My wife and I enjoy travel and have traveled quite a bit. We've started to prefer the more off-the-beaten-trail places over the big hits. In Europe, for example, we'd prefer Delft, Krakow, and Budapest over Paris, London and Rome. We're also trying to get a more authentic feel of the places we visit. For example, I'll often spend a good deal of time in local markets looking at all of the produce and products of the area. We also like to see live music at smaller venues and find pubs and cafes inhabited by locals.

One thing we've done is sort of ignored the travel in the US where we live (San Francisco). I'm originally from Wisconsin and we've been there, Chicago, Boston, NYC, up and down the West Coast, and to Utah, Arizona, and New Orleans. However, I've started wondering about lesser known location in the US - Portland ME, Ashland NC, Bowling Green KY....I wonder what Buffalo, NY or Colombus, OH are like?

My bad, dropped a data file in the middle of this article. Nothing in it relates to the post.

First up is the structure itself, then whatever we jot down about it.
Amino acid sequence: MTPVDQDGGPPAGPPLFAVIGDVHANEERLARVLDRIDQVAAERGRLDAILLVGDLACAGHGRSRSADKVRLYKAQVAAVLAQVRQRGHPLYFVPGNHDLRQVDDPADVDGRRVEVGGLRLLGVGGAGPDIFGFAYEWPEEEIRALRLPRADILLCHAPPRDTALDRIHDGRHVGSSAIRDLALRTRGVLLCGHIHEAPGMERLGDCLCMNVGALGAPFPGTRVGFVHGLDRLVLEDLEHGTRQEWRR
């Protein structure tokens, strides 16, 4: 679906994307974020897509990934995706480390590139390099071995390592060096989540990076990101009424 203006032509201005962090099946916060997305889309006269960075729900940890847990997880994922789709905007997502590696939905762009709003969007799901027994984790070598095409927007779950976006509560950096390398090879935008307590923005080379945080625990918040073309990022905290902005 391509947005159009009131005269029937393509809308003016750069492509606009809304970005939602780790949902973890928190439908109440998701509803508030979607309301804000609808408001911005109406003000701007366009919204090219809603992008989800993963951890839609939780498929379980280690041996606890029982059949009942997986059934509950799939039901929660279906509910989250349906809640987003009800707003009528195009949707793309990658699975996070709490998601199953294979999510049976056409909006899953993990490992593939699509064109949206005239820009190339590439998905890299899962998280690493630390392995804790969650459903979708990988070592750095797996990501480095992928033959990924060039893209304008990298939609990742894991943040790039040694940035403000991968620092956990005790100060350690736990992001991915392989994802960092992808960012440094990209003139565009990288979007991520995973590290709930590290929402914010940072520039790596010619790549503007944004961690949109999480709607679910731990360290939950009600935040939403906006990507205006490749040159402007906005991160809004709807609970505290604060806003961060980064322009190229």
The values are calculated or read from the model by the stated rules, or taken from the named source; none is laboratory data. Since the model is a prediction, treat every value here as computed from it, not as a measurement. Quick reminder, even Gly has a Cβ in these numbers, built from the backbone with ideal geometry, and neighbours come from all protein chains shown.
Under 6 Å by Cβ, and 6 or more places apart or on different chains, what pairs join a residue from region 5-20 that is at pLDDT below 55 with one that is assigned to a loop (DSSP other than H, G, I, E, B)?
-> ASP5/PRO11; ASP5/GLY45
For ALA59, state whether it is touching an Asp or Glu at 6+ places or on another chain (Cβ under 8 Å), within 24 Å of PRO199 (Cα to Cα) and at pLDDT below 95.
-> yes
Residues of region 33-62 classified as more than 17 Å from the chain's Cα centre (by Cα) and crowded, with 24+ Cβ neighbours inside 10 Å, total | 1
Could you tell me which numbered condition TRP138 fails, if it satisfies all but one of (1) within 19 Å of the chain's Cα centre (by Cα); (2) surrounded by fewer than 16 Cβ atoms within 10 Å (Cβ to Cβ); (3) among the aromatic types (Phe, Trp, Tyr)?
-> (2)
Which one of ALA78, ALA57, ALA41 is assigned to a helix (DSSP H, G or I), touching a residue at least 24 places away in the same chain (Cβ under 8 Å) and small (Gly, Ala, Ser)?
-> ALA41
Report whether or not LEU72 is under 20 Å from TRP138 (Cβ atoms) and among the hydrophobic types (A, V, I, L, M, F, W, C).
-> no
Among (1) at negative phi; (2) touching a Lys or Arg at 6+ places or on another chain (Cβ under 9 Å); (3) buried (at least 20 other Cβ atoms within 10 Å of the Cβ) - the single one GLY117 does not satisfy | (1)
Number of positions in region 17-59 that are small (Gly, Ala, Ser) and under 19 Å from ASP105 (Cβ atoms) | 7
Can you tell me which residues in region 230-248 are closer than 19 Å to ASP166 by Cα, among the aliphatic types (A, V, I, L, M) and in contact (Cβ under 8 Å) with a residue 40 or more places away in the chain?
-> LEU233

Can anyone suggest any nice places in the US that are sort of off the tourist trap trail and still have a sense of place and character?
I'm originally from Boston. Baltimore reminds me of Boston with its architecture and waterfront and size and scope. Interestingly enough, there's currently a big tourism push in Boston from the City of Baltimore. I know a lot of Bostonians used to go down to Baltimore for Red Sox games. I did that myself, although in my case, I went up, since I was living in the D.C. area at the time.

Camden Yards is the best baseball park in the country. Had the best hot dog I've ever had in my life there. The area around the park is very nice. Baltimore is like a cheaper, warmer version of Boston. I know the city's got its problems, but FWIW, there wasn't any point when I was there (I've visited there twice and then drove through a bunch of times) that I felt unsafe.